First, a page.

7 Things - Dallas

It’s easy to give love to the city I’ve chosen to live in - Nashville - but that’s not to say that I don’t love where I’m from. My friends tell me I’m a “reformed Texan" - meaning I’m only slightly less cocky than most, although I’m still proud. That said, I thought it would only be appropriate to share seven things I love in or about Dallas to give it the attention it deserves. Seven is my lucky number, and since I spent over 2/3 of my life there, it gets a little bit more love than Nashville:

The Skyline - Over the course of my college career, I made many 10-hour trips back to my home “town” for Christmas and summer breaks. Every time, I was awestruck by the skyline as I traversed over many sprawling suburbs to my parents house in Dallas proper. My favorite two buildings are undoubtedly the “Pickle” building - a tall rectangular building that’s lit up all green - and Reunion Tower - which essentially looks like a Pez Candy Dispenser (tall rectangle with a sphere on top). Reunion Tower has a restaurant up top that slowly rotates for guests to have a 360-degree view of the city. I have no idea what is in the Pickle building, but it seems like a pretty big dill. Although I never watched the hit 80s series Dallas, I can’t help but feel as cool as J.R. as I roll into town with the skyline on the horizon.

Love Field + Southwest Airlines - Now that I am an adult in the working world and receive a paycheck, I rarely drive back to Dallas, instead opting for a quick two-hour flight into Love Field. You heard me right - not DFW - but Love Field. The DFW Airport is practically a metroplex on its own with 5 terminals and many confusing signs. Tack on a 40-minute drive from there to my parents house and I’d rather drive home than fly. Love Field, on the other hand, is centrally located and easy to maneuver. It feels bright, clean, and Texan - complete with a Whataburger (Whataburger:Texas::In-n-Out:California) - thanks to renovations that Southwest Airlines made to up their game. Drop-off and pick-up are a breeze AND it’s only 20 minutes from my parents house. Southwest is headquartered there, which means the employees are friendly, enthusiastic, and hilarious. Thank you Dallas for having an airport for people like me. Thank you Southwest for investing in this airport.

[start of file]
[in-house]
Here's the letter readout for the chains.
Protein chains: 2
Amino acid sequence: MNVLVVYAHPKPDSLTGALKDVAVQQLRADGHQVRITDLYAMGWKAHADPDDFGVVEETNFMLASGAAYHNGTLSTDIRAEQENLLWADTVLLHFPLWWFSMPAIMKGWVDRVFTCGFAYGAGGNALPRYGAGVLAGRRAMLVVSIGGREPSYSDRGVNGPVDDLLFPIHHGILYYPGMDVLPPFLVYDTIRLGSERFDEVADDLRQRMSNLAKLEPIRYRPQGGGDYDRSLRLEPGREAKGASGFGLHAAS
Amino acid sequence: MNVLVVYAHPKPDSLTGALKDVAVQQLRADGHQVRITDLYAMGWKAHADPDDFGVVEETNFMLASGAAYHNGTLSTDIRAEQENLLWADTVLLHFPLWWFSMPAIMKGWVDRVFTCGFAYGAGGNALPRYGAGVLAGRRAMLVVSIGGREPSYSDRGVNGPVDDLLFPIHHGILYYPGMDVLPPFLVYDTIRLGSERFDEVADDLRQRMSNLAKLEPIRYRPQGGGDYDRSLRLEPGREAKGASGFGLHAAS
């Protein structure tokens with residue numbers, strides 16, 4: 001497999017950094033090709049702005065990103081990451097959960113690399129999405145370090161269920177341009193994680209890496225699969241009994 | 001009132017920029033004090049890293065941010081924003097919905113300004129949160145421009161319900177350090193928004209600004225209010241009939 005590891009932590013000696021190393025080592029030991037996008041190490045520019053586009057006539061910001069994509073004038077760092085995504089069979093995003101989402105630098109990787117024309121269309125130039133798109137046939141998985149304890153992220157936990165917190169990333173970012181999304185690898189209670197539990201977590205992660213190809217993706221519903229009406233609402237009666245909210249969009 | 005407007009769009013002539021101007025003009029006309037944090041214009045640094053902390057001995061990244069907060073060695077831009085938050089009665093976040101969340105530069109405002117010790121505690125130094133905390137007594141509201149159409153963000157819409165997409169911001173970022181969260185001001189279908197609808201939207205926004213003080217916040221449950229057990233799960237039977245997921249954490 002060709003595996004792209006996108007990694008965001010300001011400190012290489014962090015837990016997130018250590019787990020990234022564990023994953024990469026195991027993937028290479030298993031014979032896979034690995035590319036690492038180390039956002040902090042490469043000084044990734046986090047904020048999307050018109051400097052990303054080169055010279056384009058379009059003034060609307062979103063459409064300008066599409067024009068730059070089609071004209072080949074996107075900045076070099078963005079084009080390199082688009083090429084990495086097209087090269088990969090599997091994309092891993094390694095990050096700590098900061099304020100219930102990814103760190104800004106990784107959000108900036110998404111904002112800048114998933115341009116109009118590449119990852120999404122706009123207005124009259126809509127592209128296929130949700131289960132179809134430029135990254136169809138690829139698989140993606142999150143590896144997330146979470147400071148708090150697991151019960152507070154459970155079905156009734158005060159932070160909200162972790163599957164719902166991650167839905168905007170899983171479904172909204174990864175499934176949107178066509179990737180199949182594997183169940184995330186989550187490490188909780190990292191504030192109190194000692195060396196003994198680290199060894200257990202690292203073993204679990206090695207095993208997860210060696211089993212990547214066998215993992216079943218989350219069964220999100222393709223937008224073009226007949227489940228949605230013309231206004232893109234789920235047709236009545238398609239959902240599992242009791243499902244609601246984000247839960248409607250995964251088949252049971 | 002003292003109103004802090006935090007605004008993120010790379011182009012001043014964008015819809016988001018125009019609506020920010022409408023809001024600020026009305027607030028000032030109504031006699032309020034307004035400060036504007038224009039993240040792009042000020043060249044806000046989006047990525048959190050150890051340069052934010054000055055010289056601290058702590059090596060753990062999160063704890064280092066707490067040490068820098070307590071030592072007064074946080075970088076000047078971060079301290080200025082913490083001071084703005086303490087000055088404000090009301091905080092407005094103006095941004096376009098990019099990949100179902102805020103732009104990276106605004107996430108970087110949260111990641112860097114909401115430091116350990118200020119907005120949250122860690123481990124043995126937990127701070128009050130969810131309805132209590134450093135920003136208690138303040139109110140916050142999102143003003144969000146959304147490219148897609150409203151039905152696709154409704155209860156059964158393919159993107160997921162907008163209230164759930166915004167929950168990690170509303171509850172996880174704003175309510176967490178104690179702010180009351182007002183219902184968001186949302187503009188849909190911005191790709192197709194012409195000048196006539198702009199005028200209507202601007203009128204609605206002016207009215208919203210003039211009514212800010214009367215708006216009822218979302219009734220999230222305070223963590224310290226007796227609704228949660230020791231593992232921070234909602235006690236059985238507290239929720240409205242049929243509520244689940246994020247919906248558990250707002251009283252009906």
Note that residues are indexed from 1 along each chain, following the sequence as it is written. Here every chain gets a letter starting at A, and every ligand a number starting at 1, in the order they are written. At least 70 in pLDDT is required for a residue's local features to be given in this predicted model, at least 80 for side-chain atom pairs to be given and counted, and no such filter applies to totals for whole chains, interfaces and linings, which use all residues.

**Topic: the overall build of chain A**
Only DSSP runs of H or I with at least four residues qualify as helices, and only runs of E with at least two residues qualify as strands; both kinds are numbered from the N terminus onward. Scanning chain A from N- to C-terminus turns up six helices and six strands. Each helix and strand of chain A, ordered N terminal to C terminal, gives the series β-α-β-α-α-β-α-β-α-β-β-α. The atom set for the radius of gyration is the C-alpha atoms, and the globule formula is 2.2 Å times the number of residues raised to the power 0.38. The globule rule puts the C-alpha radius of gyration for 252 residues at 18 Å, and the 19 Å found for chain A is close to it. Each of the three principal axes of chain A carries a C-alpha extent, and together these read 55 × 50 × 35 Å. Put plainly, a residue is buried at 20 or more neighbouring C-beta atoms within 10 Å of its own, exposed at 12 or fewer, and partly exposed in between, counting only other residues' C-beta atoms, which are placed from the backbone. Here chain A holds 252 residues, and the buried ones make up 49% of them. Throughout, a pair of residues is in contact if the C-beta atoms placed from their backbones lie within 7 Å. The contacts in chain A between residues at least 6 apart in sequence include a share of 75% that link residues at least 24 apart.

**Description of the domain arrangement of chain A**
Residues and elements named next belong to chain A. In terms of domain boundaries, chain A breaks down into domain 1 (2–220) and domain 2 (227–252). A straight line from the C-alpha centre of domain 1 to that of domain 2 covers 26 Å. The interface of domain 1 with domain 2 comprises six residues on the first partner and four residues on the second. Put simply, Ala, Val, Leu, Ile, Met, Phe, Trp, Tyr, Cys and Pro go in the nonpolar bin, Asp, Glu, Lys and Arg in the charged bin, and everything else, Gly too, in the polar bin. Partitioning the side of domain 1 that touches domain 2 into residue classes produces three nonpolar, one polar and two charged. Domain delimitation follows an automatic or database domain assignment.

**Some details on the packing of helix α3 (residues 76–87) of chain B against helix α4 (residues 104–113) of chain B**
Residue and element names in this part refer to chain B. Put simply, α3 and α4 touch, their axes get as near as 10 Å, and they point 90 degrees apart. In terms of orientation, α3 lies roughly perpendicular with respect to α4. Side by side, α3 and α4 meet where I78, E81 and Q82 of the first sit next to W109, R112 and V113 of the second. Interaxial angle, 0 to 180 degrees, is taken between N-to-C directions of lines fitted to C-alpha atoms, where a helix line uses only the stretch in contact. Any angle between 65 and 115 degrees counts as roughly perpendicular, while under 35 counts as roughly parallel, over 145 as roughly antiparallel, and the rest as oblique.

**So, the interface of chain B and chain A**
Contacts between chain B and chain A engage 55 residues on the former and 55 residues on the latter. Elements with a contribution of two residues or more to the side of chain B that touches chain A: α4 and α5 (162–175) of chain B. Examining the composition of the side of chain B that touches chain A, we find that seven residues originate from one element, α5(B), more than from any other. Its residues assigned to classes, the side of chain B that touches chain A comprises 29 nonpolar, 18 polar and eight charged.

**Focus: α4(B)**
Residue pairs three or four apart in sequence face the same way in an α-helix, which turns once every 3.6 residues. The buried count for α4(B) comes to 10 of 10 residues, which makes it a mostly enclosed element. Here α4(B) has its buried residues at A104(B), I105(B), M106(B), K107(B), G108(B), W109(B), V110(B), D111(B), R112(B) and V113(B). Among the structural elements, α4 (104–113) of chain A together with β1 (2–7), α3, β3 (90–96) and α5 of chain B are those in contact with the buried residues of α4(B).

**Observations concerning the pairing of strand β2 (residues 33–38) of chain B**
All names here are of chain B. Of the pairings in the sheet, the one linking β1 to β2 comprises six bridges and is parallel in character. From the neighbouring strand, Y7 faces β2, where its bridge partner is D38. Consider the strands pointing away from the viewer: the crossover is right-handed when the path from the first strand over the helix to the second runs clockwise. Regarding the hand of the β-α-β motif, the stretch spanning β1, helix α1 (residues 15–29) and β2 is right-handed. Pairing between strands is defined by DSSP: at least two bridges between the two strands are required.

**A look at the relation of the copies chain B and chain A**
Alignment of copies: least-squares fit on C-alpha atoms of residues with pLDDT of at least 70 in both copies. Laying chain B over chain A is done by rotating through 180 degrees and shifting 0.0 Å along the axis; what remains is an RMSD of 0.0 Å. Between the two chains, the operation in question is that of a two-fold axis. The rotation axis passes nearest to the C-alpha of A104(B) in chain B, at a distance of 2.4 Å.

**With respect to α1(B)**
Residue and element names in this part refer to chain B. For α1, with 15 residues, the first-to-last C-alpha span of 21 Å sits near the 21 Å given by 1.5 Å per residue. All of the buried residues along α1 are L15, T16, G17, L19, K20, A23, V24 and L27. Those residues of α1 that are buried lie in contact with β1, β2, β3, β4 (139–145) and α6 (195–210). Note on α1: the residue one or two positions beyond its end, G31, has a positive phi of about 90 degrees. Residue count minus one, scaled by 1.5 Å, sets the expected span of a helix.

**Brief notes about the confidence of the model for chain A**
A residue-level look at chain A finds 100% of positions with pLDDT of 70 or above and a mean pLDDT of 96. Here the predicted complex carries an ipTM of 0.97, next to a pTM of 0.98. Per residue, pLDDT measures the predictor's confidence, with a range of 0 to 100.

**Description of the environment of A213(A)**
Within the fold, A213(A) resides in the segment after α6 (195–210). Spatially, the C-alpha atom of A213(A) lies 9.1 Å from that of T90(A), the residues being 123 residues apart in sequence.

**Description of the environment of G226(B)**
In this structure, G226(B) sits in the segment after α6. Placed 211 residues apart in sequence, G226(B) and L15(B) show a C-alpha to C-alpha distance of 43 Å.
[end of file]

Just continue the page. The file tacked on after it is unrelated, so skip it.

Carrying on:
NorthPark Center - When people ask me about Dallas, I usually say it can be summed up by four things: shopping, restaurants, a great skyline, and big business. I already covered the skyline. NorthPark Center falls into the “shopping” category. When I was a kid, NorthPark was a boutique mall - with Neiman Marcus as the capstone store. Only the Dallas elite could really afford to shop there, but it was still fun to window shop. While I was in middle school, NorthPark renovated and expanded to be the shopping destination for the masses. Those boutiques are still there, as well as Neimans, but you’ll also find a movie theater, Madewell, Urban Outfitters, Forever 21, and not one, but two, Starbucks. NorthPark is so good that it has made me a snobby consumer in that it is hard for me to go shopping in Nashville. The mall itself has art installations - both temporary and permanent - everywhere you go. Like Love Field, it is open and airy, so that you don’t feel like you are in a vacuum when you shop. There’s even a courtyard in the middle of the mall should you feel you need a breath of fresh air. I have NorthPark to thank for always bringing out the ultimate consumer in me.